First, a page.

Ducks Unlimited NZ

Displaying items by tag: News

Monday, 25 January 2021 16:16


Where are the swans?
Royal swans are on the wane and DU Director Will Abel wants suggestions about getting hold of some breeding stock. Please contact Will on 06 362 6675.

More Flights scheduled

From next year, Flight magazine will be published three times a year in February, June and October. Submissions of stories, photos, story ideas and suggestions should be emailed to Alison Murray at This email address is being protected from spambots. You need JavaScript enabled to view it..

DU rep appointed
Director Neil Candy has been appointed as a member of the Game Bird Habitat Trust Board, which distributes funding to develop and enhance the wetland
habitats of game birds and other wetland inhabitants. He attends his first meeting as a board member this month in Dunedin where 12 applications for funding will be reviewed.

What's on the telly
DU directors Dan Steele and Jim Law both appeared on TV in August. TVNZ's Matty McLean was given a tour of Blue Duck Station by Dan on the Breakfast show, and Jim and Marilyn Law's Palliser Ridge Station was featured on Country Calendar.

This episode can be watched online at
calendar/episodes/s2020-e23 though you may need to sign up first (it's free).

Rainy day reading

New Zealand Geographic has an extensive online feature on wetlands. Go to

Published in Issue 179
Thursday, 05 September 2019 22:03

In Brief

Duck brood study

A $300,000 Fish & Game study is hoped to shed light on nesting success of native birds, in particular duck broods.

The three year study is the first of its kind in New Zealand, and aims to pinpoint when birds nest and lay, how many ducklings hatch and how many survive and fledge.

DU in NZ

Ducks Unlimited is New Zealand’s leading wetlands and waterfowl conservation group. We work to save our wetlands through  protection, funding, technical aid and  education so that the flora and fauna of our most endangered ecosystem are a legacy we can pass down to future generations. Our key focus is to increase the efficiency and number of New Zealand wetlands  developed and support any relevant wildfowl recovery programmes. To aid in this worthwhile cause we harness  community support and Government  resources, plus utilise global links and  findings from wetland global research programmes.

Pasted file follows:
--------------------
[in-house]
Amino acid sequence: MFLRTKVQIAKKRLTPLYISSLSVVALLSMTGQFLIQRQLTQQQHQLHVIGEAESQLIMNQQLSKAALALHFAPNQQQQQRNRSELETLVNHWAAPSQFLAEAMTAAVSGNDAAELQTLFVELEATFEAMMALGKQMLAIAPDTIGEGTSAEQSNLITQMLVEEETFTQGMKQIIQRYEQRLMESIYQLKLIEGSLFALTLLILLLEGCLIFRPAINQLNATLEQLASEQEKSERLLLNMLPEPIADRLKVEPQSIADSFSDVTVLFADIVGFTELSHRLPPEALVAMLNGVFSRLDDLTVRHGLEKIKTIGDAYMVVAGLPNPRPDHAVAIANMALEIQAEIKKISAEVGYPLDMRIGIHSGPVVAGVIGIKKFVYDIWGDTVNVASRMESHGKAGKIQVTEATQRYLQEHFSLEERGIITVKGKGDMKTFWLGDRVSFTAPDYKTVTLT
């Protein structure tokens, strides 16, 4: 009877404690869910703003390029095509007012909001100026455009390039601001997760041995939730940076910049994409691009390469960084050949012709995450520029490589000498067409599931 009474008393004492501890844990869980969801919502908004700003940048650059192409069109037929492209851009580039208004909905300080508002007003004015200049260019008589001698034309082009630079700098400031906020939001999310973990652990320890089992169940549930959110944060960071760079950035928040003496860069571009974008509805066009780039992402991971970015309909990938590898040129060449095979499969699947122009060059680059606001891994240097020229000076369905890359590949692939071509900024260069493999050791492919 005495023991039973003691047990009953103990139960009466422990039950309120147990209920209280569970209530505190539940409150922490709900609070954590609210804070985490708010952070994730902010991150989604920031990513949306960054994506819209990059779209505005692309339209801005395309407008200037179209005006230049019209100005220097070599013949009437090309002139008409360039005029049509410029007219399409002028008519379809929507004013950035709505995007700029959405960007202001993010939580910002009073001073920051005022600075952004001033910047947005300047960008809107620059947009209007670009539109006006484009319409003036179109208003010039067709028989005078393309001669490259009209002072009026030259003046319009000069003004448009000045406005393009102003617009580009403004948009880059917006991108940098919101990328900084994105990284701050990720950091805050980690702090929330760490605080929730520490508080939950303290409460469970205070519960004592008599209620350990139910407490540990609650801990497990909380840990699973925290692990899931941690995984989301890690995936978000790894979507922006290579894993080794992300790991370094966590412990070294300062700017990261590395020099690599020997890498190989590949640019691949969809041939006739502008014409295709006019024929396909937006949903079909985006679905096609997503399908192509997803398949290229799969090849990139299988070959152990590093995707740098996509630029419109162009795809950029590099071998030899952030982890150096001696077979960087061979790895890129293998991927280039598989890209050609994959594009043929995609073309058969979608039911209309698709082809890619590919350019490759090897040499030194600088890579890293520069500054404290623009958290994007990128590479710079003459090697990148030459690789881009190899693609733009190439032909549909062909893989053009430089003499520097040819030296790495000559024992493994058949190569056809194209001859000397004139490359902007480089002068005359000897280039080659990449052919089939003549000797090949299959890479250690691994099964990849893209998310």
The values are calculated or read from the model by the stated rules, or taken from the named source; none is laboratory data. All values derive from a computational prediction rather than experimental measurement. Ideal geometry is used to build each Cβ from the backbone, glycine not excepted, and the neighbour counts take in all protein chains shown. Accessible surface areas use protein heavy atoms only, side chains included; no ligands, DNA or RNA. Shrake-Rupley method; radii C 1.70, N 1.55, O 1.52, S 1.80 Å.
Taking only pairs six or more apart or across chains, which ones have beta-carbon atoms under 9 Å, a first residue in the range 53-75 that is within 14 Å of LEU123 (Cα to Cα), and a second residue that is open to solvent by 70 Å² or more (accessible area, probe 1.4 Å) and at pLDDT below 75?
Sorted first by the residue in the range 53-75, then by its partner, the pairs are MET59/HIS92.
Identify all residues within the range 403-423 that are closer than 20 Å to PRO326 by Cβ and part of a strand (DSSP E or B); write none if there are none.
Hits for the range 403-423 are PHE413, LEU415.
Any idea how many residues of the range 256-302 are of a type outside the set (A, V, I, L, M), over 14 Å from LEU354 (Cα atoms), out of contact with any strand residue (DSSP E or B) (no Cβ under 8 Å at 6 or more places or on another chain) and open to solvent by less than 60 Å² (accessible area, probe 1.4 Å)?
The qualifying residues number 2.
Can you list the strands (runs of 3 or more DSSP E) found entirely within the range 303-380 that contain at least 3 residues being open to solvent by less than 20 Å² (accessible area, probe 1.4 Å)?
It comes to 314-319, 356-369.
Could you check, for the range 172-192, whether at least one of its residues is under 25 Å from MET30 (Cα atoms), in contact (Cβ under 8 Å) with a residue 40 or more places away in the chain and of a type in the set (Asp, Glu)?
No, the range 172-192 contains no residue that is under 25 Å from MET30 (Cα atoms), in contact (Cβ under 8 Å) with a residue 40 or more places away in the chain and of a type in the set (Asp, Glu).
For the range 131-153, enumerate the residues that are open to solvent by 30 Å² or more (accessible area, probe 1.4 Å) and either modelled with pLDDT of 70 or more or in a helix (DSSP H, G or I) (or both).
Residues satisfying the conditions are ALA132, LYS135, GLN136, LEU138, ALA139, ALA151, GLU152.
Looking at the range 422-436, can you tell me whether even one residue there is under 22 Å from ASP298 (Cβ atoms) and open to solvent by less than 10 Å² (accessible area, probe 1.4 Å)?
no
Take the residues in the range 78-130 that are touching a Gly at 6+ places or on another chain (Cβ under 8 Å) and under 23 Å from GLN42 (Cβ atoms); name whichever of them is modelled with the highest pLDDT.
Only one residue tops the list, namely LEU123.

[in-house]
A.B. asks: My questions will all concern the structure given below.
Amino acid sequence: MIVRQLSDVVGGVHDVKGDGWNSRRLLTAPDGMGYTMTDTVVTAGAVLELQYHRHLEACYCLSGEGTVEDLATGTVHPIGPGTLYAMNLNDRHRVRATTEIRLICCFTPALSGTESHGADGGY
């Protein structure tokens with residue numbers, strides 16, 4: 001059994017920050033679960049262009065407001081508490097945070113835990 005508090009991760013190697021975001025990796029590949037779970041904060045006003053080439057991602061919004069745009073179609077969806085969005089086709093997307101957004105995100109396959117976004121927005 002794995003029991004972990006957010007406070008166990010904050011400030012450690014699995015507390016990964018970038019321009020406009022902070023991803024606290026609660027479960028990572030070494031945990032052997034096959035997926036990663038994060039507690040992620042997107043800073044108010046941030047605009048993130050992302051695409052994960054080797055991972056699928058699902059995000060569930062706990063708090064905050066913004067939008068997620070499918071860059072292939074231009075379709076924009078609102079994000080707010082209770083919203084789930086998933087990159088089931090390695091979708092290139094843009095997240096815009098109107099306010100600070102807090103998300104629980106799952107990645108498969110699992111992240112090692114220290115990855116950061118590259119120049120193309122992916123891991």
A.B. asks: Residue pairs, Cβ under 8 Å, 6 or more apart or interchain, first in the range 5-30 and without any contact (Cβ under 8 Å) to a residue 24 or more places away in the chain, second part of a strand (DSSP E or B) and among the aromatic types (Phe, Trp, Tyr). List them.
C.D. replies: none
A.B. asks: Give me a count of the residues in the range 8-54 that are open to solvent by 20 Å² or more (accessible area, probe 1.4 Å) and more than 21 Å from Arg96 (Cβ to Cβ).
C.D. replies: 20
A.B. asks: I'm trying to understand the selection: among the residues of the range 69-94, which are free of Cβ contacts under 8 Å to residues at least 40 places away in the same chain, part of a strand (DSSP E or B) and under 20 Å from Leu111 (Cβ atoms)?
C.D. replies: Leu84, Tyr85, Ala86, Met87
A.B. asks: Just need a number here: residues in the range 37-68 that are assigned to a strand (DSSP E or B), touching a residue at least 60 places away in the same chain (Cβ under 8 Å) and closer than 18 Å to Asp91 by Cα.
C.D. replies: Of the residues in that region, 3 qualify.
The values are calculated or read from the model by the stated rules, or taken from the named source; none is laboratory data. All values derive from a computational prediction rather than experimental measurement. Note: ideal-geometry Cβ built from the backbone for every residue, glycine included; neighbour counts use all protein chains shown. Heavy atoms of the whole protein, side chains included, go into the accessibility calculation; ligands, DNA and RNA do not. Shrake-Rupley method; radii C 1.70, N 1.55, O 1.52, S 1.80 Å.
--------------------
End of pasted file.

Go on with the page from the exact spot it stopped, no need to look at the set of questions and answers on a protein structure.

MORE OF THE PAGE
Second generation kiwi on way

MB23 - he’s one of the first generation North Island Brown kiwi born at Pukaha Mount Bruce after Operation Nest Egg  delivered his parents there in May 2010. Now he’s sitting on his own nest!

Department of Conservation Ranger Yuri Forbes is tracking his activities with a chick timer transmitter which tells Yuri that he’s nesting. The eggs (there’s usually two) will be removed at around 70 days incubation and with any luck the reserve will have their second generation kiwi about 20 days later hatching in the nursery.



Published in Issue 157
Tagged under
Sunday, 20 January 2019 16:32

In Brief

Symposium in Napier

The National Wetland Restoration Symposium will be held in Napier on 26-28 September, with Conservation Minister Eugenie Sage delivering the opening keynote address. The theme for this year’s symposium is Living Wetlands in the Living Landscape.

Other speakers are Australian ecologist Matt Herring and the new CEO for Fish & Game, Martin Taylor. 

Forum seeks changes

The Land and Water Forum wants a new national body to oversee freshwater management to prevent the decline of wetlands and ‘outstanding water bodies’. Forum chair Dr Hugh Logan said, “A motivated effort at a national level is required to improve water quality. It will require better coordination and deployment of resources, which we believe should be delivered through a new Land and Water Commission.”
In its report, commissioned by the Government, the forum said the  Resource Management Act should be stronger to prevent decline of wetlands.

Environment Minister David Parker said some, but not all, of the forum’s recommendations would be adopted. Suggested changes to the RMA were not likely to be introduced to Parliament this year, he said.

Injured bittern found

A severely malnourished bittern (matuku) has been found with a damaged wing by SH16 in Helensville.
A few weeks earlier in August, another bittern was  caught on video at the Orangihina  Wetlands in Te Atatu, West Auckland.
Rescue Charitable Trust hospital operations manager Lyn McDonald said the injured bittern would not fly again because of its injury.


Published in Issue 175
Tagged under